For the last five years, I have been using Econbrowser as a forum for publicly reporting the real-time output of a mechanical GDP-based algorithm for dating U.S. business cycle turning points. The graph below plots those inferences in the form of our GDP-based recession indicator index. Values to the left of the vertical line are what I referred to above as “simulated real time”– each observation plotted was constructed solely from a vintage data set as it would have been reported at the indicated date. To the right of the vertical line are “actual real time” numbers– each observation plotted was publicly announced at the indicated date.
Graph plots for each quarter t the value for Prob(St|Yt+1) where Yt+1 is the history of observed GDP growth rates as reported as of date t+1.
Based on the procedure detailed in my 2005 paper with Marcelle Chauvet, the algorithm determined that the most recent recession began in the fourth quarter of 2007 and ended in the second quarter of 2009. A subsequent economic downturn would be viewed by this procedure as the beginning of a new recession rather than a continuation of the previous recession. Here is the simulated real time and actual real time record of the algorithm.
Business cycle turning points and dates at which announcements were issued by NBER and the GDP-based algorithm. Starred entries denote simulated real-time declarations, unstarred are actual real-time declarations. N.A. indicates information is not available.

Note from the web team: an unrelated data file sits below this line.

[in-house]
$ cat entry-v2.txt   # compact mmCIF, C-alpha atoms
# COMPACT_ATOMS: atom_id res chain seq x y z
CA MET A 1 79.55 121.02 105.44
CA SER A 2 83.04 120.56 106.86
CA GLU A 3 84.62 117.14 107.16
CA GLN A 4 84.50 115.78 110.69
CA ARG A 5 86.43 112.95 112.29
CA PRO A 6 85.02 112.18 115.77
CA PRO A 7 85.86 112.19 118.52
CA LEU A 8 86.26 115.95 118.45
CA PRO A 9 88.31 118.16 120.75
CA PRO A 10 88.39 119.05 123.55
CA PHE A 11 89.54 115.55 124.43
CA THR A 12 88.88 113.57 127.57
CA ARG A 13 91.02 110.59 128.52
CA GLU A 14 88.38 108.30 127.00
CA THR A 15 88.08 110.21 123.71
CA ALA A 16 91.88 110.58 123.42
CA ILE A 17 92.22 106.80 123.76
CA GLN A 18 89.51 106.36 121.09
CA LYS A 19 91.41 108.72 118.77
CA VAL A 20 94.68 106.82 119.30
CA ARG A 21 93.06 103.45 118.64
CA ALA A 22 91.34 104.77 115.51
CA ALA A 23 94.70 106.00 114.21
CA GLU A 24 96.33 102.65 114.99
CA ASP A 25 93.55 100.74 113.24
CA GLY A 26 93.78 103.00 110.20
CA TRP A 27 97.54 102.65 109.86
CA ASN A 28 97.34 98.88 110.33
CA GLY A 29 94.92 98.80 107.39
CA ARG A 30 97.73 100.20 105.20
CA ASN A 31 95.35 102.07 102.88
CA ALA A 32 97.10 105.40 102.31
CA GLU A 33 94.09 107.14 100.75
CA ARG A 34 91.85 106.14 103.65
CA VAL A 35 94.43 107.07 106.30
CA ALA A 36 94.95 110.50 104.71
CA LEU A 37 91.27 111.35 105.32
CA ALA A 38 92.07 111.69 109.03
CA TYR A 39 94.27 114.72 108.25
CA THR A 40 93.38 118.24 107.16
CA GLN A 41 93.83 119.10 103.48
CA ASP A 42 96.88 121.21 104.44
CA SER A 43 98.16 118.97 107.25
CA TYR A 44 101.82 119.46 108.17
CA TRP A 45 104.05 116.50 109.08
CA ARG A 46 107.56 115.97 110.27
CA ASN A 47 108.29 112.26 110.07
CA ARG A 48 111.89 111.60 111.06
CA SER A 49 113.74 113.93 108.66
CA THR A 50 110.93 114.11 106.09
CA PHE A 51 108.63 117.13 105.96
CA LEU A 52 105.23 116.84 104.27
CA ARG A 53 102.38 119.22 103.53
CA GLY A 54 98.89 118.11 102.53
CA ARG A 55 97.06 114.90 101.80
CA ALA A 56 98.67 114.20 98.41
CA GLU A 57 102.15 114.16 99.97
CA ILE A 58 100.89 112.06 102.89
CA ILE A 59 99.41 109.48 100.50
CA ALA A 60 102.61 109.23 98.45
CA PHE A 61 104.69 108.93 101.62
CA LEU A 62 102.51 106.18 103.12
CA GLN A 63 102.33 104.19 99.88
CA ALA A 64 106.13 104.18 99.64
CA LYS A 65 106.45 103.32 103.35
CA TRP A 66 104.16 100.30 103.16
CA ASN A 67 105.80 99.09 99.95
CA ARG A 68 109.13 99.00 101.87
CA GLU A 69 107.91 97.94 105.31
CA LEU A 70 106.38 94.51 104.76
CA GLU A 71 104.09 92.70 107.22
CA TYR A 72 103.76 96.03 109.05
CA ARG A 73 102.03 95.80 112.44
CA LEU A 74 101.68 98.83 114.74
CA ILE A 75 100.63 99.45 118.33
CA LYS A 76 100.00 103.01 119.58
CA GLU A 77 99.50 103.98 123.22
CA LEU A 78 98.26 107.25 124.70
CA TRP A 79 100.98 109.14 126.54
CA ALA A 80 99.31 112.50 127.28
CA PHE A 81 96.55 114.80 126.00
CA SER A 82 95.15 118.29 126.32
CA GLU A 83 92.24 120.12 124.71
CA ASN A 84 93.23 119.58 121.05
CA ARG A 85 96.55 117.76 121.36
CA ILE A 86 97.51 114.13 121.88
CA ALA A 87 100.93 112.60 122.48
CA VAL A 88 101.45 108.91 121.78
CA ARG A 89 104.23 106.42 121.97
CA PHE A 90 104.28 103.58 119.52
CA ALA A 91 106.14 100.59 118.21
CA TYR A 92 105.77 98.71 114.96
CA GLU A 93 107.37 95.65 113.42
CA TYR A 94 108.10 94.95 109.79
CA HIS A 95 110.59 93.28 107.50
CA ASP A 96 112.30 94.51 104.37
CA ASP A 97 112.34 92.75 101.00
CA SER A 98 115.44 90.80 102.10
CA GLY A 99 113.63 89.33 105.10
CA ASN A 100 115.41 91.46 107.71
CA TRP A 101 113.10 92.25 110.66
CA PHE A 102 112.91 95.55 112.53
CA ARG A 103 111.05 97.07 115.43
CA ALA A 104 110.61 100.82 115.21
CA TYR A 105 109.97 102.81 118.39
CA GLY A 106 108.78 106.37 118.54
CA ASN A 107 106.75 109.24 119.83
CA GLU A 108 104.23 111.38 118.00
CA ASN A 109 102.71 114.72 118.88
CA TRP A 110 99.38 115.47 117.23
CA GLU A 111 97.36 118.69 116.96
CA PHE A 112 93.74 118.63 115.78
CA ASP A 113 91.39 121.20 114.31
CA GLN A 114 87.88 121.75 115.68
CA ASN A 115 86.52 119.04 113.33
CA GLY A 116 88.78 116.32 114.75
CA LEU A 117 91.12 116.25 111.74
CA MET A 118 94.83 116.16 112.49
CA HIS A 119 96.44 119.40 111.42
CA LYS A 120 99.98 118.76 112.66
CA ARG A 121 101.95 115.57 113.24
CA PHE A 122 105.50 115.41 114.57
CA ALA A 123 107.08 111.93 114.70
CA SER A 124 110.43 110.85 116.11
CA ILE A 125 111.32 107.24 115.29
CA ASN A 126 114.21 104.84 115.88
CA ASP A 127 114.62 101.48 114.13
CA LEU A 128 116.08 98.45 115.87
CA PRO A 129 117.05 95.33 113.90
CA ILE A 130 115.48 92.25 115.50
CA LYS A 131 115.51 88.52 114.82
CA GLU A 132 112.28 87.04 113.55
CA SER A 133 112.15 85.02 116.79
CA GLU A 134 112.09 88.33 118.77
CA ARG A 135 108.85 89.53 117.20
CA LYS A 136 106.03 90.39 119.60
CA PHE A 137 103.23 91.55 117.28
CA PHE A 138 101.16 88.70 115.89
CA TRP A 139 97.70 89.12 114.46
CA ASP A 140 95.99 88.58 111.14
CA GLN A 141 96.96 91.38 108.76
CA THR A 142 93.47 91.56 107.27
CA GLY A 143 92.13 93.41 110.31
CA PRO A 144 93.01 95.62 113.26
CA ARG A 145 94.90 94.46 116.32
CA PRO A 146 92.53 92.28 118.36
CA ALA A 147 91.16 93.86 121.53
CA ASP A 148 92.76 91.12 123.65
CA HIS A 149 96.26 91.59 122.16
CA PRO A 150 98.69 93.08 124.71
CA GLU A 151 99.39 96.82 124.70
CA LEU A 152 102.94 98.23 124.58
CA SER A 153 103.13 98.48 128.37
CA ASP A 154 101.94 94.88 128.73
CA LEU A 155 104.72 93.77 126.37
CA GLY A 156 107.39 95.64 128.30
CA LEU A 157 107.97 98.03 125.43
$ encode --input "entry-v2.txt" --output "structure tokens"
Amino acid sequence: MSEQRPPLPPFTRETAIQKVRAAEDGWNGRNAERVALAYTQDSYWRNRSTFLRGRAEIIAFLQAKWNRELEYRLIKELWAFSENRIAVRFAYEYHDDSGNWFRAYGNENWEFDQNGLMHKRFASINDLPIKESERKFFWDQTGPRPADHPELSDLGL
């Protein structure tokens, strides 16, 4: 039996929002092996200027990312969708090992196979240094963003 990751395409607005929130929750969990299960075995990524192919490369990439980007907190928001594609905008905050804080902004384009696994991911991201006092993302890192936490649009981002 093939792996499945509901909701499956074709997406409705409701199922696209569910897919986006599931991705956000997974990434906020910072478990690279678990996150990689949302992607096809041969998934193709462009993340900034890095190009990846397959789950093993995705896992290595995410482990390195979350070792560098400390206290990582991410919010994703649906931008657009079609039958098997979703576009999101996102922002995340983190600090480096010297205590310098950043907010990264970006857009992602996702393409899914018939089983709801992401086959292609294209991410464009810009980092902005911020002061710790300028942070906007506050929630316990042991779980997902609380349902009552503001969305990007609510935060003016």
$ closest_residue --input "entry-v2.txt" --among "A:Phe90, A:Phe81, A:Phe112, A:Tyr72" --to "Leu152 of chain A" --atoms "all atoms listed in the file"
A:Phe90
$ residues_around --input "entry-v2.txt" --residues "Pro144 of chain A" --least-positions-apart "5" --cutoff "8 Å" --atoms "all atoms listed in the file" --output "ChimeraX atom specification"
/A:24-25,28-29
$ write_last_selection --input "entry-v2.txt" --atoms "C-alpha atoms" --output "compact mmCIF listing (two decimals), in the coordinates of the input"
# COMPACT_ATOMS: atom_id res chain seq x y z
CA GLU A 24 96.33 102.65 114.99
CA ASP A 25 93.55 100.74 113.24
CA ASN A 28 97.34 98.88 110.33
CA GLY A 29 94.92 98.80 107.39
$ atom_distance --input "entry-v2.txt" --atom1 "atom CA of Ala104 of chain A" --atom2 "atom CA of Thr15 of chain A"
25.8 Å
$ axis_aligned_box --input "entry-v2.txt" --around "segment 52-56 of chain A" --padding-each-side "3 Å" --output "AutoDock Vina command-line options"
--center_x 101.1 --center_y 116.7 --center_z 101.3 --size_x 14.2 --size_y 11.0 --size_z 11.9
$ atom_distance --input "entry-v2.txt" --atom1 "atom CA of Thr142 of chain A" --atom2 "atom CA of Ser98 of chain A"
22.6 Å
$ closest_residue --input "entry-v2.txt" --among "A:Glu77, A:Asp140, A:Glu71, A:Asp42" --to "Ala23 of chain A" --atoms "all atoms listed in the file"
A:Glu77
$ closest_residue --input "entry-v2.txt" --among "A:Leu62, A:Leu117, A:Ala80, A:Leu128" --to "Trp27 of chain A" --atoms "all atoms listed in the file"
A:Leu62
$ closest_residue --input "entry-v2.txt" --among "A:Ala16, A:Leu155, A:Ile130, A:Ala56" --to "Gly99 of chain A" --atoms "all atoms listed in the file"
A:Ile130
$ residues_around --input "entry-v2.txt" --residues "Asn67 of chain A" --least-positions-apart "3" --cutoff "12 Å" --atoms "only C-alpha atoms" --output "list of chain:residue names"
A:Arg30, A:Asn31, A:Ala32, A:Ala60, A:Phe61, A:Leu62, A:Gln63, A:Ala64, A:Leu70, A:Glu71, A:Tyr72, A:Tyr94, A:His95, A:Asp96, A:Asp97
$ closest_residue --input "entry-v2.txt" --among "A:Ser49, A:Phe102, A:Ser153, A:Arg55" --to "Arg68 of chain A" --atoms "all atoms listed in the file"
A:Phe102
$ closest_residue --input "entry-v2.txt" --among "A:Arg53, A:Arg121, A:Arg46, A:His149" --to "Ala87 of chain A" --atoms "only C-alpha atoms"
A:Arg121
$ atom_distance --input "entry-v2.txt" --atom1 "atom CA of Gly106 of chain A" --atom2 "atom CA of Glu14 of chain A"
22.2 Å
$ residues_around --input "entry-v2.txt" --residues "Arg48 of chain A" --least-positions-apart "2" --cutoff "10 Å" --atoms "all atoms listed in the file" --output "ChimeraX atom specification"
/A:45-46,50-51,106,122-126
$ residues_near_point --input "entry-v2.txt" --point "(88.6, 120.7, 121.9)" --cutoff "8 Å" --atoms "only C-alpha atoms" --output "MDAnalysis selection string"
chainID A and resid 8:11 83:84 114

My new paper also reviews the performance of a number of alternative algorithms. Marcelle Chauvet and Jeremy Piger (2008) suggested an approach that uses growth rates of industrial production, personal income, sales, and employment. Professor Piger has been regularly updating these inferences on his web page since August 2006. There is a trade-off in these methods between trying to make an inference using the most recent available data about where the economy is at the moment (called the “filter probabilities”), or waiting for data to be revised and the trend to become clearer before trying to form an inference about where the economy was n months previously (called the “n-month smoothed probabilities”). Piger’s actual real-time filter probabilities for each month are plotted in the top panel of the figure below. This series first moved above 50% in Piger’s November 1, 2008 report which was based on data describing August. The probability moved to 99.2% when the September data became available but fell back to 16.1% with the next month’s data which showed industrial production and real personal income less transfers to be growing again in October. Chauvet and Piger (2008) had recommended an inference rule of declaring a recession as soon as three consecutive values of recent smoothed probabilities were all above 80%. This threshold was passed with the release of the October data, for although the current month filter inference was only 16.1% based on t= October 2008 data, the 1-, 2-, and 3-month smoothed probabilities at that time were still all above 80% (see the bottom panel of the figure below). Chauvet and Piger’s (2008) announced rule would then date the start of the recession as the earliest n for which the smoothed probability was above 50%, which turned out to be February 2008. Thus their approach would have announced on January 1, 2009 that a recession had started in February 2008, although the filter probabilities available in January 2009 raised the possibility that the recession could already have been over by October. Subsequent data confirmed the downturn was ongoing (panels 2 and 3 of the figure). The Chauvet-Piger rule of waiting for a reading of 3 consecutive months below 20% would have resulted in a declaration in January 2010 that a recovery likely began in July of 2009.